It’s that time of year again when Omega’s Co-Artistic Directors David Rowden and Maria Raspopova pack their bags and head to the country for their annual regional tour. They are taking the best of chamber music to the loveliest country towns of NSW including Mitchell, Bathurst, and Mudgee (where they might also stop to sample some wine).
Part of Omega’s mission is to take music to a broader audience and regional touring is a big part of that. Many country audiences aren’t able to get to city centers where most music concerts are performed, and so the musicians are going to them. This year, David and Maria have curated an exciting program featuring the clarinet and the piano that will be sure to delight audiences far and wide.
When David and Maria first met, they were students at Sydney Conservatorium of Music. However, it wasn’t until their engagement party a number of years later that they actually performed together for the first time. The piece was George Palmer’s Black, White and a Little Blue. Now, with hundreds of performances together as part of the Omega Ensemble (often at opposite sides of the stage) they are now teaming up to perform an intimate recital celebrating some of the most iconic masterpieces for clarinet and piano an in an intimate musical conversation between husband and wife.
The key to success …
While they have a different approach to learning music and practicing, they are very much on the same page in their vision of presenting chamber music of the finest qualities. While David prefers to play through the repertoire as a whole, Maria prefers to work on different sections in more detail. While they might have different approach their outcome is the finest and most dedicated performances of the chamber music they are presenting.
The pairing of instruments …
Like David and Maria, the clarinet and the piano the perfect pairing. The voice like quality of the clarinet soars of the lush and wondrous tones of the piano. In this exciting program David and Maria explore Brahms’ Clarinet Sonata No.1 in Eb, op.120. A musical feast that features the lyrical and tender side of both the instruments as well as their virtuosic characteristics, this is the perfect way to open the program.
In 1890, Brahms declared to friends and wrote to his publisher that he would retire as a composer. However, Brahms saw a performance by clarinetist Richard Mühlfeld who Brahms called the greatest wind player in the world. So inspired, Brahms held back on his retirement long enough to write four final works all featuring the clarinet in a starring role.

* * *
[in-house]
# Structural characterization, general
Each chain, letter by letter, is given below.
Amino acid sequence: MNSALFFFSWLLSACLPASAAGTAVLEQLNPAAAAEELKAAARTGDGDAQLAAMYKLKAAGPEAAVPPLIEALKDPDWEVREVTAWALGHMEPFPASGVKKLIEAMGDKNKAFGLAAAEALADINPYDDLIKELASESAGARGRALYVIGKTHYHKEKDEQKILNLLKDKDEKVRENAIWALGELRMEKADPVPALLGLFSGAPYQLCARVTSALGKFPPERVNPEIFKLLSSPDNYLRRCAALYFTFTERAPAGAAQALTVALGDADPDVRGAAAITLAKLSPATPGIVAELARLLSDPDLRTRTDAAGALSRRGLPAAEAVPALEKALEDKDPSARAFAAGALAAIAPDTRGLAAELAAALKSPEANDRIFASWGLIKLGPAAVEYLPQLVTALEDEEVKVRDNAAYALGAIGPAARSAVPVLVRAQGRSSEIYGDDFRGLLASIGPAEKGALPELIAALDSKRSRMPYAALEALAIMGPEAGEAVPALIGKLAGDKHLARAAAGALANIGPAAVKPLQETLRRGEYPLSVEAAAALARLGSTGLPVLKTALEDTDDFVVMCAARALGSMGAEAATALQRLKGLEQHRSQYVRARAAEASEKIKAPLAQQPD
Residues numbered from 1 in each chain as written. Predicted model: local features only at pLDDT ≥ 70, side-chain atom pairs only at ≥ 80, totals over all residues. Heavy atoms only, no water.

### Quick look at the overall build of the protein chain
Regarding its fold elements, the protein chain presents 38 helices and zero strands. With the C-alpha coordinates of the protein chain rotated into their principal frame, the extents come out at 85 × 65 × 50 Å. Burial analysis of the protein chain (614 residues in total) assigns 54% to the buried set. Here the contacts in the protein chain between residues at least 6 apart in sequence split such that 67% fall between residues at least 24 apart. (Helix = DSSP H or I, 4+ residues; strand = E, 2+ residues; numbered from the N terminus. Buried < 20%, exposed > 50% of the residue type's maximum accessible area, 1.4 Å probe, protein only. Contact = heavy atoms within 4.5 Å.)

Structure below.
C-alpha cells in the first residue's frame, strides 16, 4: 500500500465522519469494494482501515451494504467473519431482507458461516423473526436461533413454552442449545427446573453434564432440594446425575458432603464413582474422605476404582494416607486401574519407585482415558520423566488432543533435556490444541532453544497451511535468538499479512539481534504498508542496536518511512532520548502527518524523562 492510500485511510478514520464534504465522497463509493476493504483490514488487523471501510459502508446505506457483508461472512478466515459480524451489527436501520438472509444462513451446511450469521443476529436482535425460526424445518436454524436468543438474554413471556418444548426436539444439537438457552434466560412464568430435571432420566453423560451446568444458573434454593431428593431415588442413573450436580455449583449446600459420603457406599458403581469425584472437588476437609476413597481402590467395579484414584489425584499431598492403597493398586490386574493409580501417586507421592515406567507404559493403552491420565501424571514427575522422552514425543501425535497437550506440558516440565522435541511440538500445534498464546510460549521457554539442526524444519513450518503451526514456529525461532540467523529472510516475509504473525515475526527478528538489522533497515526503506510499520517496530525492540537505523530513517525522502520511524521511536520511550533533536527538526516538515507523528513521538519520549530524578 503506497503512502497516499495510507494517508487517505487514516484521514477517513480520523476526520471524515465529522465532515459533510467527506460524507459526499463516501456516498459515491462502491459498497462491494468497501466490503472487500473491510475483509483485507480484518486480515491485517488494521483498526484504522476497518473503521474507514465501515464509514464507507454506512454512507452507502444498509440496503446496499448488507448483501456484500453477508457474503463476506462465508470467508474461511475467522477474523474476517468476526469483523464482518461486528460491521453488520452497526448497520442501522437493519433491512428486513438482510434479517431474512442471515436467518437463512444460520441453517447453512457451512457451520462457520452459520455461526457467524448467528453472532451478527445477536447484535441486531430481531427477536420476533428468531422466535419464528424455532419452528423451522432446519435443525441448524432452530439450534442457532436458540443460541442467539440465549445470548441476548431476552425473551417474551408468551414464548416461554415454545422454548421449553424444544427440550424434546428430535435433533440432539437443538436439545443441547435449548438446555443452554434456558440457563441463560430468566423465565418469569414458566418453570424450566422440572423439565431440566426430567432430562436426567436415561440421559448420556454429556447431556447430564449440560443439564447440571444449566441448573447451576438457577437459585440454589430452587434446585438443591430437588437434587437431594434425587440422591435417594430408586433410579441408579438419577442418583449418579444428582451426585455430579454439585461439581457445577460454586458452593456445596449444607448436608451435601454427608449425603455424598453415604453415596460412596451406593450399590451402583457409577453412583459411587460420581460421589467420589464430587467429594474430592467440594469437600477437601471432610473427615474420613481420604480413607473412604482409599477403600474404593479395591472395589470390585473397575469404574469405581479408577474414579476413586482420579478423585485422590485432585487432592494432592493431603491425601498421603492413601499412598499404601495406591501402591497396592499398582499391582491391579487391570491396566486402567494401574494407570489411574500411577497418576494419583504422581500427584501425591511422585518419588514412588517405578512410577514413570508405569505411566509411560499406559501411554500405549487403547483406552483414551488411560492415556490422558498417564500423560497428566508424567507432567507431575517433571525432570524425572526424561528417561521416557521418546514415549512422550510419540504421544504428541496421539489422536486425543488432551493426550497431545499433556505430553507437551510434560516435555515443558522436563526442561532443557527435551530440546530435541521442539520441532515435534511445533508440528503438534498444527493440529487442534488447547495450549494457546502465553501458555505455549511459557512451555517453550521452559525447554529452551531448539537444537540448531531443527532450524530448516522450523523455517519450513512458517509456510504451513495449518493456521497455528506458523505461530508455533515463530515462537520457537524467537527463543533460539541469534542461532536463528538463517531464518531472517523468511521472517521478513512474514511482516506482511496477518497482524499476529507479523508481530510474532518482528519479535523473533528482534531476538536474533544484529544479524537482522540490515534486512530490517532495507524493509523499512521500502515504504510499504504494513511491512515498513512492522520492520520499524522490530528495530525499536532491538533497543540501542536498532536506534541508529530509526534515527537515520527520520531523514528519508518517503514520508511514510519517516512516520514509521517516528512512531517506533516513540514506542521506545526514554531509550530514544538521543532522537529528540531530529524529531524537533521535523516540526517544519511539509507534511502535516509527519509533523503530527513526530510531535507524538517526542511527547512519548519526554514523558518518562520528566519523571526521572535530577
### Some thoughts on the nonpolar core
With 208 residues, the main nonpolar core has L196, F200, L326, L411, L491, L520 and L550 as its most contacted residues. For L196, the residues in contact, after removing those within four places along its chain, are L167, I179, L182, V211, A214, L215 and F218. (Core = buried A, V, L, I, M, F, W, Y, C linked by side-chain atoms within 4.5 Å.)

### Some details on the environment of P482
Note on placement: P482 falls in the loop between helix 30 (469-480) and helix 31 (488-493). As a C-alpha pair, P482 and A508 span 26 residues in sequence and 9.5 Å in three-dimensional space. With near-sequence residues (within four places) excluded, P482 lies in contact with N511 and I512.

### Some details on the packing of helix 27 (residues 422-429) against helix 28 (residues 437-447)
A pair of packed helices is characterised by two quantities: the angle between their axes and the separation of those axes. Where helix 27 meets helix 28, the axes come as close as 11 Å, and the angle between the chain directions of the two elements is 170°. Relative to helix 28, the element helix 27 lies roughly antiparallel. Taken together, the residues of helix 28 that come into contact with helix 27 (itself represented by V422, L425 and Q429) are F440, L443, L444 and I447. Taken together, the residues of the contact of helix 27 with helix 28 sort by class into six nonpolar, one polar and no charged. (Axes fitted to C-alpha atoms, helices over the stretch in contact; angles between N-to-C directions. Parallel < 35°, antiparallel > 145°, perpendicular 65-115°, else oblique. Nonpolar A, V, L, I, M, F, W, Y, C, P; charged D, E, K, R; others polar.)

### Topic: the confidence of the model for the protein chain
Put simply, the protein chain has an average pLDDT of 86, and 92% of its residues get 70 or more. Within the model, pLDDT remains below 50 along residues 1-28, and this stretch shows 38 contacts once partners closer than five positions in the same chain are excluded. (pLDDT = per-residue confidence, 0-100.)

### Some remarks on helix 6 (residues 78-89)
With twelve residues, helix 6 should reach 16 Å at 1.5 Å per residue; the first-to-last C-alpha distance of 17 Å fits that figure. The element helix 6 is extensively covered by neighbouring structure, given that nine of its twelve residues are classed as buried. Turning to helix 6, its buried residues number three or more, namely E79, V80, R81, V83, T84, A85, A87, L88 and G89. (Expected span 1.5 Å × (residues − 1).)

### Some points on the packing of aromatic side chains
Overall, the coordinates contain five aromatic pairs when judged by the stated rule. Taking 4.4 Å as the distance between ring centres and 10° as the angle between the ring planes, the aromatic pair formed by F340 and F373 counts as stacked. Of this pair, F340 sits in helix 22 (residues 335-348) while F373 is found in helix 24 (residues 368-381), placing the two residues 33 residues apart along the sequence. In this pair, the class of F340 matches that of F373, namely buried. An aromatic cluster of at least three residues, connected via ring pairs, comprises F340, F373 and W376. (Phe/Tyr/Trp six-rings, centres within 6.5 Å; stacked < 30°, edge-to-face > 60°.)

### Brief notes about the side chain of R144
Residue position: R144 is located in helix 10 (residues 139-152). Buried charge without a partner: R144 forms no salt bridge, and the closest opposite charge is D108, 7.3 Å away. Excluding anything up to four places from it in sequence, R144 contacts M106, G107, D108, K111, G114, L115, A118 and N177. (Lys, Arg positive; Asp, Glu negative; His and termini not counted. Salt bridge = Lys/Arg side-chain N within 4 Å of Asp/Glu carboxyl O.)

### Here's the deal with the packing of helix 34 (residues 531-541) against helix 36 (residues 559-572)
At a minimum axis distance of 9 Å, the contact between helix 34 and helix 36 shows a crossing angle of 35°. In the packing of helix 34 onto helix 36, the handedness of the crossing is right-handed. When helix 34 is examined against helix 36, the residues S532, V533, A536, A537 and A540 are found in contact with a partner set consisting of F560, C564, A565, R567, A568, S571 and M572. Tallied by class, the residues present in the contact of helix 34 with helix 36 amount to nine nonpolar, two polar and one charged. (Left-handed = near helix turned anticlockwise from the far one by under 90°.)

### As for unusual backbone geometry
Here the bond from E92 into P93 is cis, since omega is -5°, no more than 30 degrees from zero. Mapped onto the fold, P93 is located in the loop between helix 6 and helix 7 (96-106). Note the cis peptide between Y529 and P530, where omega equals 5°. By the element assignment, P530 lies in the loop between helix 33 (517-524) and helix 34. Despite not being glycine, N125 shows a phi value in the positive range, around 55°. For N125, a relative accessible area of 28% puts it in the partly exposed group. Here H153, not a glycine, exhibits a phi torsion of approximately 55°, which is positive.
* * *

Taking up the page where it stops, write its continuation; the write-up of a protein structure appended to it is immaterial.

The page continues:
They are also performing Beethoven’s iconic, “Spring” Sonata, in a special arrangement for clarinet and piano. When Beethoven composed his “Spring” Sonata he was looking to the future with his musical ideas. This is a work that stands on the very edge of his first period and the beginnings of what scholars call his ‘middle period,’ which according to Beethoven’s biographer, Maynard Solomon, include many ‘heaven-storming compositions - works of striking power and energy, with many formal innovations.’ It is one of the first of Beethoven’s works to include a fourth movement (as opposed to three) and there are many beautiful moments in this work. It is one of those pieces that is a true musical partnership - in that the roles of the pianist the violinist (or in this case, the clarinetist) are equal.
Maria says: “I love Beethoven, and this sonata is stunning. I hear a lot of intimacy in the music and playing it with David will be truly meaningful.”
At the heart of the piano …
Fittingly (as Liszt composed this music while he was travelling), Maria is presenting Liszt’s fiery Tarantella which sees her leaping from the highs to the lows of the piano with virtuosic bravura. “I chose this work as it is an amazing piece. The Tarantella offers the listener and the musician everything you are after in a piano piece. It has a lot of energy, fire and a huge range of emotion. It’s adventurous and fun, and immensely satisfying to play.”
In contrast to this, she will serve up one of Mendelssohn’s most important and beautiful piano works, Rondo Capriccioso, op.14. “The sparkling bravura piece was called an “Etude” in the first version of 1828. Two years later Mendelssohn wanted to present the work to the young piano virtuoso Delphine von Schauroth, whom he was courting at the time. He reworked it under the new title Rondo Capriccioso, making it even more brilliant and adding a “moving introductory adagio” (as he described in a letter to Fanny). In this form, the work still presents pianists with a rewarding challenge. ”
“The Mendelssohn Rondo Capriccioso, op.14 serves as a great contrast to the program. It’s a beautifully flowing, Romantic piece and it’s a real crowd pleaser,” Maria says.
Also featured on the program is Poulenc’s Sonata for Clarinet and Piano. Originally composed for Benny Goodman (the famous jazz musician), Poulenc was to give the premiere performance with Goodman at Carnegie Hall. Falling ill, Poulenc was unable to perform and Leonard Bernstein stepped in as the pianist. Kathy Henkel writes:
“The wistful principal clarinet melody in the gentle Romanza which follows provides the essential thematic material from which the composer weaves his melancholy second movement. The finale finds Poulenc at his most rambunctious—from percussive piano passages and impetuous clarinet commentary at the outset to the impertinent ending flourish.”
Don’t miss David and Maria as they tour from Lithgow to Forbes during June.